She was so soft, and warm, and yielding, and you didn’t expect of her to hide a knife behind her back.
She was not a kind of girl who makes a quick, firm stab, no — the knife seemed to be a foreign object in her hands; you doubted that she even knew how to use it and watched with a smile how she fumbled with it awkwardly. You smiled when she made those tentative, shallow cuts. You kept smiling because you’d had them before — one day of bleeding and two days of itching, and they would be gone.
Your smile disappeared when your wounds inflamed. And though you took urgent measures, it was too late. The infection had already run in your bloodstream, and your sufferings began.
In the beginning, you held pretty well, actually. You were still able to walk and eat and have conversations. But under your clothes was red, throbbing skin and you had to take medicine to tame the fever, just a little. It soothed the symptoms but didn’t erase the cause of your disease. The only antidote was clutched in her tiny hands, and she wasn’t going to give it to you.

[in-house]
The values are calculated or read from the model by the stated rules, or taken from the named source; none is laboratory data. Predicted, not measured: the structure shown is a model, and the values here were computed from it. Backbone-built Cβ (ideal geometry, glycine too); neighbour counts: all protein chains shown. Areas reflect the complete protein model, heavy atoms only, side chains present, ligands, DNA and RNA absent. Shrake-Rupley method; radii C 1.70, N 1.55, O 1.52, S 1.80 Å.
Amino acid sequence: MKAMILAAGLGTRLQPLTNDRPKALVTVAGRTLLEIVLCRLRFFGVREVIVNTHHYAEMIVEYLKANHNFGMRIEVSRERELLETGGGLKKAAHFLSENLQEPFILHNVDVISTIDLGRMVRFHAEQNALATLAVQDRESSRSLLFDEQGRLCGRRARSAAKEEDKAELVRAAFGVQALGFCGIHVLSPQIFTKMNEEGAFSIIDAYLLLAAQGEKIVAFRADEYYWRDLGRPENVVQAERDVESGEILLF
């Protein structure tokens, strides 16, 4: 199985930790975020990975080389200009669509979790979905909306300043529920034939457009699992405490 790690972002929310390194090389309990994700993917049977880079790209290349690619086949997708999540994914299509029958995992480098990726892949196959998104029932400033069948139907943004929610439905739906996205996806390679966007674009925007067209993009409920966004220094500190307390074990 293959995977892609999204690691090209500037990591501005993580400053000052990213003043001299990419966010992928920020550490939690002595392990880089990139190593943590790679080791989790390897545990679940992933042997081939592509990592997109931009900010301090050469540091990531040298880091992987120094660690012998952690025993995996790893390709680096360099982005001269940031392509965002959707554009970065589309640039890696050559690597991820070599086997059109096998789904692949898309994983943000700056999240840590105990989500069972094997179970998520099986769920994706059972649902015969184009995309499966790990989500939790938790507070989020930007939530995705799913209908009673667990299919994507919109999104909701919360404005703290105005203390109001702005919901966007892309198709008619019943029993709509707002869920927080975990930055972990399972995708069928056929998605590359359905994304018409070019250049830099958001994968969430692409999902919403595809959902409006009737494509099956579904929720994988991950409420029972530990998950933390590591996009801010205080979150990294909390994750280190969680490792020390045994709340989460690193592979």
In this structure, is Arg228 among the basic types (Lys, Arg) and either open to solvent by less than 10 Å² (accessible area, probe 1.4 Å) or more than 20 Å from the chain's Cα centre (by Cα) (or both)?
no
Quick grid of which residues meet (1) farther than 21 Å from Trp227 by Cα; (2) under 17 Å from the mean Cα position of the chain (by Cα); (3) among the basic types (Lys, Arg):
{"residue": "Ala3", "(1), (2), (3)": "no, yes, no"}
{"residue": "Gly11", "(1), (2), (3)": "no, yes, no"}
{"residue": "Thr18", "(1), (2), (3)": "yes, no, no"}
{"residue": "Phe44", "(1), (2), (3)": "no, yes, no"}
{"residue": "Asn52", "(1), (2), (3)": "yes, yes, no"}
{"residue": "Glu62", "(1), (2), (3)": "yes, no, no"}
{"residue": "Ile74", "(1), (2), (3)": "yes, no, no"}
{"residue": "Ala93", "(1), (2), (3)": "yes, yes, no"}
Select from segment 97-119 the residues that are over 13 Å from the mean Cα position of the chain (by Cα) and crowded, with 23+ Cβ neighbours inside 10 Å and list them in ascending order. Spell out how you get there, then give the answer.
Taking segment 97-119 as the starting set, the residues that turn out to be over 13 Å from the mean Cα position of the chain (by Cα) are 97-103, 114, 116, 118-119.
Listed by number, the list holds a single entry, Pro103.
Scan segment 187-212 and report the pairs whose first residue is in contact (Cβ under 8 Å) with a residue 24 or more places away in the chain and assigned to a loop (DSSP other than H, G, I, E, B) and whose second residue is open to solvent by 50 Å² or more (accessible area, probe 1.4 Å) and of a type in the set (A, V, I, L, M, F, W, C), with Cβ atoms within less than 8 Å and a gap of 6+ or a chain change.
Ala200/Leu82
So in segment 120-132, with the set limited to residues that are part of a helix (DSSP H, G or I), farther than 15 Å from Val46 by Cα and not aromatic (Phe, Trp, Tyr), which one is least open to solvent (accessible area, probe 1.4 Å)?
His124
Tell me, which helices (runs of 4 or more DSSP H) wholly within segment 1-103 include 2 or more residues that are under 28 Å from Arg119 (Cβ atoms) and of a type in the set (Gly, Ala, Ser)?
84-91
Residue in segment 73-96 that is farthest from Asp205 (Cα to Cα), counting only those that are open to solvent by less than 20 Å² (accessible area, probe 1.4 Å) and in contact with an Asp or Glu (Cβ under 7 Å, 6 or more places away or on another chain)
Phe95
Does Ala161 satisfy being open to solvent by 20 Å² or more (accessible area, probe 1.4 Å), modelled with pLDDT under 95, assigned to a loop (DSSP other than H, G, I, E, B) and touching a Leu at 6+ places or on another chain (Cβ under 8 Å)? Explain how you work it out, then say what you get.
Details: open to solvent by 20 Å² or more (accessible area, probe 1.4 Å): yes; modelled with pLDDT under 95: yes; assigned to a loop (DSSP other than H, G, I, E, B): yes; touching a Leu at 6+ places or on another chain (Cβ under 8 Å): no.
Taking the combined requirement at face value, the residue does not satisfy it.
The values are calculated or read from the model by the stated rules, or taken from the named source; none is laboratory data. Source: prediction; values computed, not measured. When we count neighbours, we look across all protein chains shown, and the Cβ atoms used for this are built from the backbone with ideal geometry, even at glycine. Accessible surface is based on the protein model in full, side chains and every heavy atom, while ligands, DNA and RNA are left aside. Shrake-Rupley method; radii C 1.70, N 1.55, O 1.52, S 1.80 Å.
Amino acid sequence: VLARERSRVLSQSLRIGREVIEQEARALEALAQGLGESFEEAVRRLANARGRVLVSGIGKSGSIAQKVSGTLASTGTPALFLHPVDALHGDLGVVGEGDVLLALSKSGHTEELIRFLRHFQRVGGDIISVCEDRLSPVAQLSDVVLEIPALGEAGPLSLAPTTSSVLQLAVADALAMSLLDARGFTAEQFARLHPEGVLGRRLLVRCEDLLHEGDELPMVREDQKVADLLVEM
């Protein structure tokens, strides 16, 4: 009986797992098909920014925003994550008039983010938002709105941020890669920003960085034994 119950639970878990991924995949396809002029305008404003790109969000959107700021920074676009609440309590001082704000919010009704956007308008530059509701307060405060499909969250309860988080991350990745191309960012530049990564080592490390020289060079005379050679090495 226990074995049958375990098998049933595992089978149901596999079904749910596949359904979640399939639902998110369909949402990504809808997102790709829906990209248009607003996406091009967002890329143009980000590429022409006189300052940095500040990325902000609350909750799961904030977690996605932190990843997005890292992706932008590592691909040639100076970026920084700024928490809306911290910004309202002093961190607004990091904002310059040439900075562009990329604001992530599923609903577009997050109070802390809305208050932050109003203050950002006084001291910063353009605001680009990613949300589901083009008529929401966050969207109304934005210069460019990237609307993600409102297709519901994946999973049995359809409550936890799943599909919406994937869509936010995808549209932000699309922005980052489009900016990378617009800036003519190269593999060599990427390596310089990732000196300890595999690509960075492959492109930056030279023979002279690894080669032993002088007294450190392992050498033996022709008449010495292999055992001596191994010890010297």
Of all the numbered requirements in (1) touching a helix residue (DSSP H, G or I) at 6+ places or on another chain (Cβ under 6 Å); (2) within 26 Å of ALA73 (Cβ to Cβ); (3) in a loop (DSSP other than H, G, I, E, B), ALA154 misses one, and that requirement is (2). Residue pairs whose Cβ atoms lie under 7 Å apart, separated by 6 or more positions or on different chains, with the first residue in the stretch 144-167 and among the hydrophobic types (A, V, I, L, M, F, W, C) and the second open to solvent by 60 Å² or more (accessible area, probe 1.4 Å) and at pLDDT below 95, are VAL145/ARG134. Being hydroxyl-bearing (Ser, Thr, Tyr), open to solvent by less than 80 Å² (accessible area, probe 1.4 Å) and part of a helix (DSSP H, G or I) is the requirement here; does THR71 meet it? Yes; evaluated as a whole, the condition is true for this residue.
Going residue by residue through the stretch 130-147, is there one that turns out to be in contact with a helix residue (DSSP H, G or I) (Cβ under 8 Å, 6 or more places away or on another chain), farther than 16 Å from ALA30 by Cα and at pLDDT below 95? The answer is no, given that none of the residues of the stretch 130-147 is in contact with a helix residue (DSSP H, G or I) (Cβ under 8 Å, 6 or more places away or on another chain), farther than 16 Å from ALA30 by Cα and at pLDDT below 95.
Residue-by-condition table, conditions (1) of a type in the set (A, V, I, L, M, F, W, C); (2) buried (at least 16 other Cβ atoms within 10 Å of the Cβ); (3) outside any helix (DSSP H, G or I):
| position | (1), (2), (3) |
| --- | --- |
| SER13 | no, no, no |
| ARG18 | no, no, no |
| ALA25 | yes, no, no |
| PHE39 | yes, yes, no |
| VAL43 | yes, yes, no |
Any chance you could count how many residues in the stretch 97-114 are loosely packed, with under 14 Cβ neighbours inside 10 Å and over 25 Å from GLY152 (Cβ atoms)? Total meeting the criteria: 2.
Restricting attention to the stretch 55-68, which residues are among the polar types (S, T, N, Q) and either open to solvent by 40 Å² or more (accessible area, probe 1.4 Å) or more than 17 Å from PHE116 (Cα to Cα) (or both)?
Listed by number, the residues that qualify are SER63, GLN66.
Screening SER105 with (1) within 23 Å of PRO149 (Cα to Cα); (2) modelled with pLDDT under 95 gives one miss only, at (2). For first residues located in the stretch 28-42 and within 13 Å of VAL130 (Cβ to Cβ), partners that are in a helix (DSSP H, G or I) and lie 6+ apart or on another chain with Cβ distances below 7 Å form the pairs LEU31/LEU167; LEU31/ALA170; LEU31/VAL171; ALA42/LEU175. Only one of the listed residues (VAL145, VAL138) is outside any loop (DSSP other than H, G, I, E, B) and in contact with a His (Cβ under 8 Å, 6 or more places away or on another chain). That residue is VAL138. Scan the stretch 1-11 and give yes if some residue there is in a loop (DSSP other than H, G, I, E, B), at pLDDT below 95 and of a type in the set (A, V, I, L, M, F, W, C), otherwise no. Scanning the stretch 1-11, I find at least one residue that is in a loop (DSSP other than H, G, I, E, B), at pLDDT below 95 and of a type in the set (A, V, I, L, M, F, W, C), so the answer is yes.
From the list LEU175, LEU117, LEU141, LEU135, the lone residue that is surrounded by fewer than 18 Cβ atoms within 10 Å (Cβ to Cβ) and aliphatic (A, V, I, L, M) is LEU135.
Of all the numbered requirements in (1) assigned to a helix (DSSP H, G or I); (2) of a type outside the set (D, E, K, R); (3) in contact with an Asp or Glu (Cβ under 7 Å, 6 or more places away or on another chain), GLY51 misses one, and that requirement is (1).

It would be simpler if she was aware of your condition if she did that cuts on purpose. You were sure that if you recognized the satisfaction in her eyes, her taking pleasure in your misery, you’d be healed pretty quickly. The hate would simply burn to ashes any of her infection that circulated in your blood.
If only she was aware.
But, of course, she wasn’t.
She worried about you, asked why you were so pale, and why your forehead was so sweaty and breathing shallow. She brought water to your parched lips and put a wet cloth on your forehead, and you knew that her clumsy care wouldn’t help you, but you wanted it so desperately. When her fingers accidentally brushed your skin, they left more and more cuts. And though it was self-destructive, you were okay with the new injuries as far as she was the one to inflict them and stay nearby to change a compress.
It worsened with every passing day. You used all the willpower you had to stay conscious in the office, to suppress shivering and keep your breathing measured. The sleep became elusive as you turned and tossed every night in feverish nightmares. The food had no taste, and you consumed it only because you’d die otherwise. But you felt no hunger or tiredness — only this pulsation of sore wounds, only the fever heat.
You could stand it no more. You felt a little selfish to ask her for a cure, but it was the only chance for you to stay alive. So you took a risk.
In the end, you told her everything and begged her to heal you.
She looked at you with pity, regret, and sorrow in her eyes and twisted the knife.